Sat | Jul 21, 2018

Get rid of the Queen now

Published:Saturday | June 18, 2016 | 12:00 AM


I unrepentantly support the abolition of the monarchy, so I am calling on the powers that be to take fundamental steps forward to immediately examine the present structure of Government in order to have constitutional changes that will enhance sovereignty, democracy, and humanity in Jamaica.

Personally, I believe that we need to have our own indigenous head of state. For far too long, authority has been vested in Her Majesty, the Queen, who only serves symbolically.

Imagine, the Jamaican Constitution was received by us from the British colonial authorities which, in many respects, is a traditional document because it kept in place much of what existed before Independence in terms of structures and legislation.

As a result, a paradigm shift is necessary because our Constitution follows the Westminster model, emerging from the experiences of the people of Great Britain, without considering the goals and aspirations of our people.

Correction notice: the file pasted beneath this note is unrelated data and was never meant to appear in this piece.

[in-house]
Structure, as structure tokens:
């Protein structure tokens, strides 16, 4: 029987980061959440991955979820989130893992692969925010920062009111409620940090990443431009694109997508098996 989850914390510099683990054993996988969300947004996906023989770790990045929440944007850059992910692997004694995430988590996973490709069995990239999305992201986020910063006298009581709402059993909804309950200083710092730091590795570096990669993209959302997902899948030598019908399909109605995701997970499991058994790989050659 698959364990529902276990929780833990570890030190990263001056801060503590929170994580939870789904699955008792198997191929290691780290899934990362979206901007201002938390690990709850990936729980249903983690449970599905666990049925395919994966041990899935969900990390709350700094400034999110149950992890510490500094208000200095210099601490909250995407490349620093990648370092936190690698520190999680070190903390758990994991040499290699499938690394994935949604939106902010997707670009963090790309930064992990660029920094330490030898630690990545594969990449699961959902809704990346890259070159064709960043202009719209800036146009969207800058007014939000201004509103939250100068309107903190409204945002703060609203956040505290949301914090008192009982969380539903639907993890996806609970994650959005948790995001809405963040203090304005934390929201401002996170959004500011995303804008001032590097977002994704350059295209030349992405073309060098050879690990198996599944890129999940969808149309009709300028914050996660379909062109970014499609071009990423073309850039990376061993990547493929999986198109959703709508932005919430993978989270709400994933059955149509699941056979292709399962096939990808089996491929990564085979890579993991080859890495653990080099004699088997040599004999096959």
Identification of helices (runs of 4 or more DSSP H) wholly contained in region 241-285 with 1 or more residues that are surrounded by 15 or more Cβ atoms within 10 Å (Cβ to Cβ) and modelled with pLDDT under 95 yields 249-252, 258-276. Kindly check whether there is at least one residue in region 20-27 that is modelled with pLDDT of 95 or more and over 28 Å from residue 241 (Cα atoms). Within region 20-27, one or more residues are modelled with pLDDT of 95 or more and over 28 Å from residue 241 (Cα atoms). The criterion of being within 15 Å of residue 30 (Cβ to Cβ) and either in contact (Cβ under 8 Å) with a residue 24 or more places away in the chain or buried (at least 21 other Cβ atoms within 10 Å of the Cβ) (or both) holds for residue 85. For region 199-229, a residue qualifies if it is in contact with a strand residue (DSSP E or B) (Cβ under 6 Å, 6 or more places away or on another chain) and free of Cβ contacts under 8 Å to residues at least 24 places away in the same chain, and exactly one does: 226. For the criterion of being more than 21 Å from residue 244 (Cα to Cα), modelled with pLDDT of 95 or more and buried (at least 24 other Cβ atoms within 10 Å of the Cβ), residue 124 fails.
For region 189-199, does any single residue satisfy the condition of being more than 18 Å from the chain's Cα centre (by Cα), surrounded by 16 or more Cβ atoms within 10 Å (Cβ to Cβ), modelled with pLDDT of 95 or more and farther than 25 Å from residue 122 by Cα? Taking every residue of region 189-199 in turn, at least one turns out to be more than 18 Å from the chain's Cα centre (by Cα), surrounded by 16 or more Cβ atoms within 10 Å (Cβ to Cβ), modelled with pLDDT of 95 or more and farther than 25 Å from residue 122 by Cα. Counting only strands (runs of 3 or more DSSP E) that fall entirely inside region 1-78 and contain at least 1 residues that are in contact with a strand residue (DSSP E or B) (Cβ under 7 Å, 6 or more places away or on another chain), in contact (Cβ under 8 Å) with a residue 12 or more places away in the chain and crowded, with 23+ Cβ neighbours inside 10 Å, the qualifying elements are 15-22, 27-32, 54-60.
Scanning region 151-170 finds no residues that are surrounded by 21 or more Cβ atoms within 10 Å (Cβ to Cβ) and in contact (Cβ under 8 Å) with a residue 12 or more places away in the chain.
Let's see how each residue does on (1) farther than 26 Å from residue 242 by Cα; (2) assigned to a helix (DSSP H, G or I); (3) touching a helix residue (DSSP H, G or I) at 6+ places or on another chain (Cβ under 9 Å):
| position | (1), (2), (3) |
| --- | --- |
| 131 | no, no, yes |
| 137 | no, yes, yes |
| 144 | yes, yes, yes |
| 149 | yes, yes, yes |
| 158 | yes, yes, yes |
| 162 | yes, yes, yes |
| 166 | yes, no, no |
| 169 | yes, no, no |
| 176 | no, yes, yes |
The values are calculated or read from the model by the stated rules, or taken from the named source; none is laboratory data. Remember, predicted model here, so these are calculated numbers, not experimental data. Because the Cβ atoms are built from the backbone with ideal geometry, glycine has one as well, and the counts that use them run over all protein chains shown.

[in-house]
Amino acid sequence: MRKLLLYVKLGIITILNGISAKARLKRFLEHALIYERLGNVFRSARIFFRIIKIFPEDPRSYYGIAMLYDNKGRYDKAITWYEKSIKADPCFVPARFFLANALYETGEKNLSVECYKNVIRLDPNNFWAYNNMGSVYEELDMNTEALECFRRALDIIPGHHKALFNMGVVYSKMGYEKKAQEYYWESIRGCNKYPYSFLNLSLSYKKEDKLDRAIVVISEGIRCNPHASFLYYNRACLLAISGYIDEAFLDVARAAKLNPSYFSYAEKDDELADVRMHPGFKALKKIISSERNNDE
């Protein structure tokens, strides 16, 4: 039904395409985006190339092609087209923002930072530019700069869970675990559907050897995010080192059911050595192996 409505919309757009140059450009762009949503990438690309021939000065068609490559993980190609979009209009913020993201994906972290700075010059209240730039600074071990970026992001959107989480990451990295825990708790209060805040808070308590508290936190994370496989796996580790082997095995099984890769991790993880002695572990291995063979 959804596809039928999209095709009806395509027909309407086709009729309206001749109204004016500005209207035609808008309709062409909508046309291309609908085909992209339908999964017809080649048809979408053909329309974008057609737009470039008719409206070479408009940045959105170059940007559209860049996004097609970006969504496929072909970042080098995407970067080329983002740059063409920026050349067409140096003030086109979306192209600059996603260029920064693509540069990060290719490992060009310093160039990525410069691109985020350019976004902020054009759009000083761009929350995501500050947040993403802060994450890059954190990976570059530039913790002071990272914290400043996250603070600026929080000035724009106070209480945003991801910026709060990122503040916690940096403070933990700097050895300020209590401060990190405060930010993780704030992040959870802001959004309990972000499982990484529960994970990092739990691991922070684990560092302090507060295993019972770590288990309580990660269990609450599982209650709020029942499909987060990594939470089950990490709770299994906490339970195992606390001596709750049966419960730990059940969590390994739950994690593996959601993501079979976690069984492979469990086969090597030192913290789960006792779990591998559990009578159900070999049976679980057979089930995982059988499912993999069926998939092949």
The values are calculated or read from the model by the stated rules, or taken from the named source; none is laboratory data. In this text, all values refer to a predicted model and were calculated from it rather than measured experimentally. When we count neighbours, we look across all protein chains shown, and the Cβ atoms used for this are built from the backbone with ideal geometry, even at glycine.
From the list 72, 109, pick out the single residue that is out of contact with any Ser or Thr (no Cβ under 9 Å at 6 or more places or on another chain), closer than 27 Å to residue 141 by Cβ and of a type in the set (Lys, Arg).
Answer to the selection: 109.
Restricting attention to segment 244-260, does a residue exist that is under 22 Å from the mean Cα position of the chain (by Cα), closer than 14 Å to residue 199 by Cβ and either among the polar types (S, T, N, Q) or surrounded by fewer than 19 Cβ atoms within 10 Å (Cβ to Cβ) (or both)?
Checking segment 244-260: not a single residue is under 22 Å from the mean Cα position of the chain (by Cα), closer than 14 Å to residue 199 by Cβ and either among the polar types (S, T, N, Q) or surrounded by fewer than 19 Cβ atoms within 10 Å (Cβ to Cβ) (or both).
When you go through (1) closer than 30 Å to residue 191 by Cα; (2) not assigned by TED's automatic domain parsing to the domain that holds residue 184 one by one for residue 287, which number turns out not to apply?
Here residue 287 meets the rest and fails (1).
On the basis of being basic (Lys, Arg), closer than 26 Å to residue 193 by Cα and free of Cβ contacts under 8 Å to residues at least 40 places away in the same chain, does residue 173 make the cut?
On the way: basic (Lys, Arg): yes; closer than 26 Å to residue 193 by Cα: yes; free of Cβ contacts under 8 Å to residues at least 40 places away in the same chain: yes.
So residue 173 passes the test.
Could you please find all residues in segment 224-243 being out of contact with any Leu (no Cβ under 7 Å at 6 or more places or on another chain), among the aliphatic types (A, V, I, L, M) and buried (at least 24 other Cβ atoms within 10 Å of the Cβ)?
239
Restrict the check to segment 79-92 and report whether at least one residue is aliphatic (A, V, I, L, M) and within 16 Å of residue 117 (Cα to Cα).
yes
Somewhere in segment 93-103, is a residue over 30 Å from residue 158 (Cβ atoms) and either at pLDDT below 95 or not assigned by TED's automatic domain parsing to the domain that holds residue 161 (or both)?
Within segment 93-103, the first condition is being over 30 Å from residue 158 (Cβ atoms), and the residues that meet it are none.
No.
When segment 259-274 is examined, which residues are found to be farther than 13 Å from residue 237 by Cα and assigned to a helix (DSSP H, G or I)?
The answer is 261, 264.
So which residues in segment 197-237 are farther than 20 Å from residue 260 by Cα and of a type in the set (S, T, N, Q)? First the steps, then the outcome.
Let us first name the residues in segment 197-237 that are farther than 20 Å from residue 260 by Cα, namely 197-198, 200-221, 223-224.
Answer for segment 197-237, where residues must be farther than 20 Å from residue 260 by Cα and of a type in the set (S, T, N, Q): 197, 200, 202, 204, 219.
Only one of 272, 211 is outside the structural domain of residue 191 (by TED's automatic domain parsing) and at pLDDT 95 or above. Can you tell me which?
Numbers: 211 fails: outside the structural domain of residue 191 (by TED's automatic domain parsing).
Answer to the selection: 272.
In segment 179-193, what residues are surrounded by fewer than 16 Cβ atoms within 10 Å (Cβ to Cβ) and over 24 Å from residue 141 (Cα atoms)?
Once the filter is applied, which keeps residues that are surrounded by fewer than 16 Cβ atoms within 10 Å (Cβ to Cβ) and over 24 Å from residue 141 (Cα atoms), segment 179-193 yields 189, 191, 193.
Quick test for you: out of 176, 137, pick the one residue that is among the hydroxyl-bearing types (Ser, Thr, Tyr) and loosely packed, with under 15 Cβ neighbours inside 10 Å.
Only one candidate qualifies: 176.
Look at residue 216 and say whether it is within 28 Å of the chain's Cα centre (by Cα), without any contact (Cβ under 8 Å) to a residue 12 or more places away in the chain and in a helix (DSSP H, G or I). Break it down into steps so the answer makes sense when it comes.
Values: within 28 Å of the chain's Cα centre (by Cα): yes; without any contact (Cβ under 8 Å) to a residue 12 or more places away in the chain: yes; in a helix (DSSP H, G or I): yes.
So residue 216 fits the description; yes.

To be frank, it is full time that we, as a people, develop enough confidence in ourselves to change the Queen as head of state.

Clearly, we need to embrace a new style of government, so without hesitation, we should review the Constitution with the intention of making it more relevant to the needs of the Jamaican people.

The fact is, Section One of the Jamaican Independence Act 1962 states as follows: "As from the 6th of August 1962, Her Majesty's Government in the United Kingdom shall have no responsibility for the Government of Jamaica."

Therefore, it is immoral to have retained the monarchy, with the Queen as head of state of Jamaica, when the United Kingdom is no longer responsible for the affairs of this blessed country.

As a matter of fact, like so many other well-thinking Jamaicans, I firmly believe that our country should, by now, have an executive president similar to that of the United States of America.

At the same time, I wholeheartedly support Jamaica having a referendum on this long-awaited matter at hand.


Cornwall Court, Montego Bay